Saturday, May 14, 2011

Sidewalk sleeping in Toronto

I'm with a Jeckel-and-Hyde Toronto this week. Like many successful cities, in some places there are vibrant and hip streets that absolutely fizzle with energy. In others, the homeless and indigent remind us nowhere is perfect.

Homelessness shows up in my SafeGrowth blogs on Vancouver, Seattle, and Houston.

I've also posted local solutions to homelessness in Portland and Colorado.

Walking downtown Toronto this week I saw more absolute homelessness than I've seen in a long time in this city.

In 1998 mayors across Canada declared homelessness a national disaster. Since then it hasn't improved. In many other countries, like the US, it is even worse.

In 2008 the University of Ottawa's Institute for the Prevention of Crime published a study called Homelessness, Victimization and Crime: Knowledge and Recommendations - a rather sterile title that seems to understate the tragic drama of an ignored person asleep on a sidewalk grate.

Luckily the report thoroughly lays out the dimensions of homelessness for Canada and urban places everywhere.

It reveals how homeless people are more likely to become involved in, and victims of, crime (mostly minor crime like public disorder). And while many homeless are incarcerated, a high proportion suffer from mental disorders and addictions rarely treated in the prison system.

...ignored in front of City Hall

The report offers up solutions like housing, shelters, social assistance, mental health treatment, and addiction programs. It offers controversial solutions like repealing laws that prohibit children with behavioral problems from attending mainstream schools. (It's those same kids who end up on the street.)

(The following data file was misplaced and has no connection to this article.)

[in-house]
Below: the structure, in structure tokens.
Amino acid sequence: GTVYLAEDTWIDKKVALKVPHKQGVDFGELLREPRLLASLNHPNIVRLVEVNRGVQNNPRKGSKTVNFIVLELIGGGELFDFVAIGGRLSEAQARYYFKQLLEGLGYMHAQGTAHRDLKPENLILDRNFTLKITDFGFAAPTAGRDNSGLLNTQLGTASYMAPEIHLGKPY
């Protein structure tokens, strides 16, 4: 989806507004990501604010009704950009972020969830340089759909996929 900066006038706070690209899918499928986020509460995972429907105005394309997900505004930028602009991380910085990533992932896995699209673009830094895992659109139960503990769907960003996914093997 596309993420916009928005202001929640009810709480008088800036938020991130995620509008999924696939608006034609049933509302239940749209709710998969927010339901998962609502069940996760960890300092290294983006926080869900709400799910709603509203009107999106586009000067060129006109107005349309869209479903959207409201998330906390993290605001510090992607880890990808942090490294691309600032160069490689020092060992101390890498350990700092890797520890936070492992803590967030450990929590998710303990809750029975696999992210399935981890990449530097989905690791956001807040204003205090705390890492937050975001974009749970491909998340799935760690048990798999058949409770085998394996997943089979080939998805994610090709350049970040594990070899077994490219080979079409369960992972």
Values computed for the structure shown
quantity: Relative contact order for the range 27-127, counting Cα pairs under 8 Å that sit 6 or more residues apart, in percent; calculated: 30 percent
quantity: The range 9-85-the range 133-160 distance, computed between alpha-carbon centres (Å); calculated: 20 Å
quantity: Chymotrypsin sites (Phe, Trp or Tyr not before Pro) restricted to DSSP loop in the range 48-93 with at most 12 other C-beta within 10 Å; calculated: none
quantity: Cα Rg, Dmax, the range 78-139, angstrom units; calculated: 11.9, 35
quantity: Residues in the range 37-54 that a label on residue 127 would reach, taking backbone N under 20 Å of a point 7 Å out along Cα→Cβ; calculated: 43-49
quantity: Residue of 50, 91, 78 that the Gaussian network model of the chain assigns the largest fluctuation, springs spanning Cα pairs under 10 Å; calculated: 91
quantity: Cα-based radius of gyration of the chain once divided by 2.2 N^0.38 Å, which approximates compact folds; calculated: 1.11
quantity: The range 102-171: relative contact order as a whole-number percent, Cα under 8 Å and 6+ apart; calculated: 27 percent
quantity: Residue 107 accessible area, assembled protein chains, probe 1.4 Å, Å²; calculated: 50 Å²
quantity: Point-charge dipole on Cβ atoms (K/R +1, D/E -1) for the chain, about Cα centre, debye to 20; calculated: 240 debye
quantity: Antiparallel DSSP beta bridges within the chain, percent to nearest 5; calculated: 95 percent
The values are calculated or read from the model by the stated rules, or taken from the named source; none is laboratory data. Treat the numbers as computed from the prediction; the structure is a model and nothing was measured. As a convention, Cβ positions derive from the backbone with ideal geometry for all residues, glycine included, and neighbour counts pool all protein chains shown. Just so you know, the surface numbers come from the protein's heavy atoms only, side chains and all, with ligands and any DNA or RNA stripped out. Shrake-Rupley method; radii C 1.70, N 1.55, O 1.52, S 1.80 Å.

Sadly, as a walk in downtown Toronto and most other large urban cities confirms, four years after their report too many downtown streets are still the home of sidewalk sleepers.

Solutions on the page do nothing for tragedy on the stage. We need to do more.

Read their report HERE.

[NOTE: SafeGrowth's host site, Google's Blogger, has been offline this week for repairs]

2 Replies so far - Add your comment

Tim Hegarty said...

First, I hope that I am wrong about what I think is meant by "laws that prohibit children with behavioral problems from attending mainstream schools." My wife has been teaching cildren with behavioral problems in mainstreem schools for over 20 years here in the States. Are you saying that this is not permitted in Toronto schools? I would find that incomprehensible!

Second, have you read this by Malcom Gladwell( or any of the research into homelessness by Dennis Culhane? My initial thought is that Culhane would find the same things in Toronto and Colorado Springs as he found in Philadelphia and New York. Because of the widespread nature of power-law theory(Pareto Pinciple, 80/20 rule, or whatever you want to call it), I would be very surprised if the findings were different.

GSaville said...

Yes Tim, I'm afraid you are not wrong about the Toronto school situation. That crime prevention report linked in the blog describes the Safe Streets Act in Ontario and the Safe Schools Act which apparently excludes troubled kids out of the regular school system. I wonder where the education reformers were when that happened?

I did look at the Malcolm Gladwell link. Thanks for that. He is a star when it comes to finding these cool research studies. And he's from Ontario as well!